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  • Writer's pictureWil Librizzi

When Life Changes You

So the two women went on until they came to Bethlehem. When they arrived in Bethlehem, the whole town was stirred because of them, and the women exclaimed, "Can this be Naomi?" 20 "Don't call me Naomi," she told them. "Call me Mara, because the Almighty has made my life very bitter.” Rth 1:19-20 NIV

“And may he be to you a restorer of life and a nourisher of your old age; for your daughter-in-law, who loves you, who is better to you than seven sons, has borne him." Rth 4:15 NKJV

Life can change us. No, it really can. Often for people, as time goes on, they become burdened by the disappointments and difficulties of life. Sometimes these disappointments are a consequence of their choices, while others are the randomness of life. Nonetheless, life can be hard, and consequently, we become hardened.

This was the story of Naomi. She and her husband and two sons had left Bethlehem during a famine and “left the promised land, crossing the Jordan'' and retreated to the wilderness, the city of the Moabites. Make no mistake about it, this was an arduous and significant physical demand. It appears that they addressed a spiritual problem with a natural solution. Trying to fix the spiritual with the natural will usually never work. It did not for them because Naomi experienced great difficulties. She lost her husband and her two sons. She was left. She was bitter. She was not hopeless though, for when she heard that Bethlehem was flourishing again she would pack up and make that long journey alone with only Ruth by her side. Two women taking this journey. Not an easy task. Naomi was strong.

When she arrived in Bethlehem it was profound. Let’s let the scriptures speak: So the two women went on until they came to Bethlehem. When they arrived in Bethlehem, the whole town was stirred because of them, and the women exclaimed, "Can this be Naomi?" Did you get that? The whole city stirred. They became excited that she had returned. Maybe they had been praying for a while for her. Perhaps, this was a holy stirring, providing the confirmation of God’s will.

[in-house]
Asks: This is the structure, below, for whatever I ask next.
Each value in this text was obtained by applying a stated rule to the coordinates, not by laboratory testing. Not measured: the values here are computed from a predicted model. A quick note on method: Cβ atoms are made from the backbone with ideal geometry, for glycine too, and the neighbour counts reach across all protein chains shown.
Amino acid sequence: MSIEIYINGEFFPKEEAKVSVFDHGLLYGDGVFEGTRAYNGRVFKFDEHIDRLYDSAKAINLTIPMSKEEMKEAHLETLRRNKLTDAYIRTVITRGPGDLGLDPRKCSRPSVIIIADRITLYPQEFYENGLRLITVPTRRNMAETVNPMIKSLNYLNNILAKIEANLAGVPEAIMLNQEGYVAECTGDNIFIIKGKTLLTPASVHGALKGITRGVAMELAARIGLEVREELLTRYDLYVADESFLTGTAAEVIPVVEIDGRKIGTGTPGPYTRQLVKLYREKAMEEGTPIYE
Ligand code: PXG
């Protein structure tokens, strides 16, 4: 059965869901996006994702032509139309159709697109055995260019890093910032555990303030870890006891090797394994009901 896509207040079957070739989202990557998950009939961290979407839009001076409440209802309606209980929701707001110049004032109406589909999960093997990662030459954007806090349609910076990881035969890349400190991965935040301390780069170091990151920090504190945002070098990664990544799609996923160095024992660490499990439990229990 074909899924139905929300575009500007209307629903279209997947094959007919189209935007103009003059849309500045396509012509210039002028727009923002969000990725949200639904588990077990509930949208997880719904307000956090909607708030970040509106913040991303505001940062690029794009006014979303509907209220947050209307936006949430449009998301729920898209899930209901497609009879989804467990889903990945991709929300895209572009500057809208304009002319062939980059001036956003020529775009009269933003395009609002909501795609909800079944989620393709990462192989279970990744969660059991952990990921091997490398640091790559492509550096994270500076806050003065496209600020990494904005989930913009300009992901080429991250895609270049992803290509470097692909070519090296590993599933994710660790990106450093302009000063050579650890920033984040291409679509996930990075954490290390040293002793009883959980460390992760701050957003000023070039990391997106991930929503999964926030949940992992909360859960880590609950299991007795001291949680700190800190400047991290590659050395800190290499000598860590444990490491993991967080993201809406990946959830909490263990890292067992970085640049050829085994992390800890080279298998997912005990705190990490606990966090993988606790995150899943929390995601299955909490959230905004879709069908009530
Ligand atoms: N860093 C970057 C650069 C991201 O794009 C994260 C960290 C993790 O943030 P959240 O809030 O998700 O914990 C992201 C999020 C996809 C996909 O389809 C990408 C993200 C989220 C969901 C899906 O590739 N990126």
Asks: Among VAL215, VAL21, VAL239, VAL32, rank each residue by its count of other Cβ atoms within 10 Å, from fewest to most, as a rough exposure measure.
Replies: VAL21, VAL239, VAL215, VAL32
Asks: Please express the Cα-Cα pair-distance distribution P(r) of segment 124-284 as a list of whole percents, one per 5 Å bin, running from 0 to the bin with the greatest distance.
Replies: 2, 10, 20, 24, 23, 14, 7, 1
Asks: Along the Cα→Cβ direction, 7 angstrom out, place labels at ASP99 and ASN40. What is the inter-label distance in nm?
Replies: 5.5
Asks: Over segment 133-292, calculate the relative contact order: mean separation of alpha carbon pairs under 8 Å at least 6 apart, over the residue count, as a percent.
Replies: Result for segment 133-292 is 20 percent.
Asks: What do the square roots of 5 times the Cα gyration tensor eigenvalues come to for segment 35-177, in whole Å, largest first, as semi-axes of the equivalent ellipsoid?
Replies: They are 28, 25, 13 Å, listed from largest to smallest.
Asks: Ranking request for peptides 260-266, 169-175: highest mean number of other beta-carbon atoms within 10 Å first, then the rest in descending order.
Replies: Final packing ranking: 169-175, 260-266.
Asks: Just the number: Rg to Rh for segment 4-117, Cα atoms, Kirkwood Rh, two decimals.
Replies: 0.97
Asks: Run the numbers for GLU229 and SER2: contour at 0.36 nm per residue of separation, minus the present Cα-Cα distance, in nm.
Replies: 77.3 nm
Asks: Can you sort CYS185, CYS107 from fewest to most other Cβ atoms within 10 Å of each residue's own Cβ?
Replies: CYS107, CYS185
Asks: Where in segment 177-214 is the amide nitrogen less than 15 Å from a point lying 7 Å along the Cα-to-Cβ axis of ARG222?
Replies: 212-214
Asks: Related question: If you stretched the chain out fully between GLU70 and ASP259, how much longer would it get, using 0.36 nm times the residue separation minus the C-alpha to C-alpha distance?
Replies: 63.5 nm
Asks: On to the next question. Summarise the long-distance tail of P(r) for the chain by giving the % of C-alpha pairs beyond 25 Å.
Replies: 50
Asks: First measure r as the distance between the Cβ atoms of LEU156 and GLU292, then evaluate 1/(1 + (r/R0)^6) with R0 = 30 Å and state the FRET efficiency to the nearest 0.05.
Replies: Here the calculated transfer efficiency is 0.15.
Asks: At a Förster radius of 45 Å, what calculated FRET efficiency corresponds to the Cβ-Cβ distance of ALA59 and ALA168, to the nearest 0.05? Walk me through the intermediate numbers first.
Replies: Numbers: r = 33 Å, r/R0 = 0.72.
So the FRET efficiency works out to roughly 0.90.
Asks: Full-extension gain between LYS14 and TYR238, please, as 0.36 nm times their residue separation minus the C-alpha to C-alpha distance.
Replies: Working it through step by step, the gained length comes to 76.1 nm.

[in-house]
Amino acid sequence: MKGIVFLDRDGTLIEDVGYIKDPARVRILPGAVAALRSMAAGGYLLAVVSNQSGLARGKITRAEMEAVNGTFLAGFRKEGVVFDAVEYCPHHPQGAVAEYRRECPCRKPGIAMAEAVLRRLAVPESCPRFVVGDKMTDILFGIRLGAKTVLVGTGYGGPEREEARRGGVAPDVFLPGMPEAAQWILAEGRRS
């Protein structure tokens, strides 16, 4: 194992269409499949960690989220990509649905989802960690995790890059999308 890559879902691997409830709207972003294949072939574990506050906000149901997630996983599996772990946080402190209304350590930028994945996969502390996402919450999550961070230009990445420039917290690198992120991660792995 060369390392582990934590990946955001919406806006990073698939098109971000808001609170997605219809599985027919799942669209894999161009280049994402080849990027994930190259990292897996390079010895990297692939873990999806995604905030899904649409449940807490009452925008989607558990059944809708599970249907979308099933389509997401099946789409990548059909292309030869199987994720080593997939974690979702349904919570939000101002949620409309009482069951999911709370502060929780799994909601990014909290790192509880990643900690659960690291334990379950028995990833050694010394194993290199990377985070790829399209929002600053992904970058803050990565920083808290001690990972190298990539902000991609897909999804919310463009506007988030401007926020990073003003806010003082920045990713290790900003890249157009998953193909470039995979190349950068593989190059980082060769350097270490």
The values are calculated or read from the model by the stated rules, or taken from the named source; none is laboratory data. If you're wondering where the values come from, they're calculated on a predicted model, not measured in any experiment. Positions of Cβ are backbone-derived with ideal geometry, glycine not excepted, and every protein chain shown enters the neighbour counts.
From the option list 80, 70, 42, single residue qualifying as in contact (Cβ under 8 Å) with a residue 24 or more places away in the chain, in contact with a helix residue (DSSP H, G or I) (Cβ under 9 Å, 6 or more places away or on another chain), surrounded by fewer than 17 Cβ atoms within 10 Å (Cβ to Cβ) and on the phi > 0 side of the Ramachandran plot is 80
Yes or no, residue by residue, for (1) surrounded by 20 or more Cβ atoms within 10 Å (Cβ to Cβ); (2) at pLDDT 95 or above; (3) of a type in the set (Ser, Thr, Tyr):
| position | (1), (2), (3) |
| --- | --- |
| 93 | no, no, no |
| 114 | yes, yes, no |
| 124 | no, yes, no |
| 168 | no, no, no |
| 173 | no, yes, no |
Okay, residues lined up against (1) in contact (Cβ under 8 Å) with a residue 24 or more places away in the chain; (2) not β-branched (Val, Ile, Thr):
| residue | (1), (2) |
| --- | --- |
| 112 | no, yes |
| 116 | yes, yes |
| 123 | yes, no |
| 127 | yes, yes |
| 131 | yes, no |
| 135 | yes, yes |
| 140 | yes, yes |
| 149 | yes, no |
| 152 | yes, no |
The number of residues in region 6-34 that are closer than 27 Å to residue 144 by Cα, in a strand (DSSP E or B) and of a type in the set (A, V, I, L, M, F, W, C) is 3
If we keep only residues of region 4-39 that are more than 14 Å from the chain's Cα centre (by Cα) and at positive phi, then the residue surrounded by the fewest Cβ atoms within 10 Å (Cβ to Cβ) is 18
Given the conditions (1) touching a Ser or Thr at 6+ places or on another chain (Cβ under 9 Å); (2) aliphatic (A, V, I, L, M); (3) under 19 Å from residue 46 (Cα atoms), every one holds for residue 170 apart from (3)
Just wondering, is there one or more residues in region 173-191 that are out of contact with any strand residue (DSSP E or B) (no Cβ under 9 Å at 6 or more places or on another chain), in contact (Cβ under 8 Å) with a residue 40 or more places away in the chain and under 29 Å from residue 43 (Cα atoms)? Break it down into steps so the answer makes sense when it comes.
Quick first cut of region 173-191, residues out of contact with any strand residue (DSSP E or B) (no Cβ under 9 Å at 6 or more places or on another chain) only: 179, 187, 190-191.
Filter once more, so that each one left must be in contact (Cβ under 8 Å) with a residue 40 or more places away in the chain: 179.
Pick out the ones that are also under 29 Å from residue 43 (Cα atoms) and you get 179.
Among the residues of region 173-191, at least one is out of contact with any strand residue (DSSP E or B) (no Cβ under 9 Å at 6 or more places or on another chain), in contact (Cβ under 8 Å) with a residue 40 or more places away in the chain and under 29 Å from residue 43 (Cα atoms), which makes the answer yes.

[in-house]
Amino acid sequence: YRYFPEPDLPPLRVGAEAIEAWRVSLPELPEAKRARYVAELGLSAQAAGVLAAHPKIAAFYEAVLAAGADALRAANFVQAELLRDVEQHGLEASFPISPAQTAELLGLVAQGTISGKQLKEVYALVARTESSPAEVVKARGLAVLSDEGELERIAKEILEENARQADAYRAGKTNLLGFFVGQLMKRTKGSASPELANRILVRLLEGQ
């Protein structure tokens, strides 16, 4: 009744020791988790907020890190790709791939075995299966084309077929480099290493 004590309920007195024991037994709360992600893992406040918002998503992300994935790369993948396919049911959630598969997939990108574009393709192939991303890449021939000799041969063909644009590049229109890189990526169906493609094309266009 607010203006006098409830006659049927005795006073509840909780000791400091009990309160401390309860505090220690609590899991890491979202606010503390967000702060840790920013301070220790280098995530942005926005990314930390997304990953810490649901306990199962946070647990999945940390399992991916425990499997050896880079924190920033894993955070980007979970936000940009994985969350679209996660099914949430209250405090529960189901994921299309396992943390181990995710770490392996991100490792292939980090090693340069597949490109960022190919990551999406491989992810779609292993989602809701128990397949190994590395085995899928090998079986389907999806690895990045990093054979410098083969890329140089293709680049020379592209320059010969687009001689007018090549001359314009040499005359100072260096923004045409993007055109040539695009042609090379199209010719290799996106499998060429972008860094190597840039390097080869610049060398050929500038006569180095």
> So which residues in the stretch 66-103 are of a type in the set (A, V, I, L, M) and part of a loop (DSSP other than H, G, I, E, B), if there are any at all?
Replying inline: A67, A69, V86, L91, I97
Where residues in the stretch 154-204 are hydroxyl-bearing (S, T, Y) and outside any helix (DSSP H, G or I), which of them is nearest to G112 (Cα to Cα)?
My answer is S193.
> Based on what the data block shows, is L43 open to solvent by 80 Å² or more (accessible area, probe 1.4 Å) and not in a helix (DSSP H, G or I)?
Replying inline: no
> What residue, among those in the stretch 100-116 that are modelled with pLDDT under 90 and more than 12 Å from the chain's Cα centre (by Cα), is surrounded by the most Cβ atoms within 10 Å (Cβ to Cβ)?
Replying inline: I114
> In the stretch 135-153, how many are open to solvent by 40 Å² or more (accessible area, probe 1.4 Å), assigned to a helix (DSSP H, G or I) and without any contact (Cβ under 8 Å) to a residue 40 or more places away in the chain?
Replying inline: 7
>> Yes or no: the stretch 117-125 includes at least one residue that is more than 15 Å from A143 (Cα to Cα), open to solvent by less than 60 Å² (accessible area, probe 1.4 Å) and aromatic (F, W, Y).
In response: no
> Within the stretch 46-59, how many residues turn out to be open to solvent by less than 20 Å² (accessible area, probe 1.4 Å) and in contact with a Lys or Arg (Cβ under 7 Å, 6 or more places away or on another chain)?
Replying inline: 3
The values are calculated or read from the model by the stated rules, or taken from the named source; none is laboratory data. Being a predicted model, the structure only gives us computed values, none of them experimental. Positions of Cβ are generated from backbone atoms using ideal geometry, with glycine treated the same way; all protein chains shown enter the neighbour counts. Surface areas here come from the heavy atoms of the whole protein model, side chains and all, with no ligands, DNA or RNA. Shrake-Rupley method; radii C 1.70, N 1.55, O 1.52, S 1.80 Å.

What might this text indicate about the celebration of their entrance say about Naomi? Perhaps, it suggests that she was an impact player. People knew of her for her kind deeds. Yet, the text also suggests something subtle but worth noting. They questioned if this was actually her. Listen to the text once again, and the women exclaimed, "Can this be Naomi?" Interesting isn’t it that they questioned if it was her. Maybe, those ten years had taken such a toll on her that she literally looked different. She had aged, she was not the same as she was before. The people saw her and assumed it was her, but were not entirely sure due to her transformation as a result of trauma. You see, those years did take their toll on her. Life can do that, can’t it?

For you and I, maybe we have been in Moab and yes, it has changed us as well. Not only did they question her due to the apparent physical change, but also Naomi looked within and saw a profound change as well. Listen carefully to what she said: "Don't call me Naomi," she told them. "Call me Mara, because the Almighty has made my life very bitter.” Naomi’s time away had changed her on the outside and perhaps most importantly, had changed her on the inside. This was a tragic life event. A life that was once filled with hope and a future was boxed in by yesterday’s losses. She who once was pleasant in good works was now bitter and withdrawn. It happened to this lover of God. Unfortunately, it has on some level happened to you and me as well. Did I mention life can be messy?

The goal of God was to restore this saint. God would do so through a number of carefully engineered transactions. They were divinely orchestrated. We observed two ways in which God worked. First, God worked in the hearts of men and women; her community, second, God worked in the external events of life.

God worked and life was becoming restored. Listen to our text to better illustrate this, and may he be to you a restorer of life. Did you get that? Obed, this little baby, this powerless and dependent child would serve a very specific purpose in the life of Naomi. It would be a restorer. In other words, it would take this child to bring Naomi back to being Naomi again. In the Hebrew language the word “restore” means to turn back. Naomi needed to come home, she needed to return to a place and a person that she used to be. It would take an infant to do so. A powerless, dependent infant. You see, restoration can often come not by what is done to us but rather by what we do. A project, a ministry, and a person. All of these can cause us to come out of ourselves and lose ourselves in something bigger than ourselves. An Obed, if you will.

What has God given you today? What is your Obed? Like Naomi, we can sometimes drift. Drifting from ourselves, our God, and our purpose. God has a way of providing us with a community, and a commitment to bring us home. To bring us back to the person we used to be. Find your Obed. You will be glad you did.

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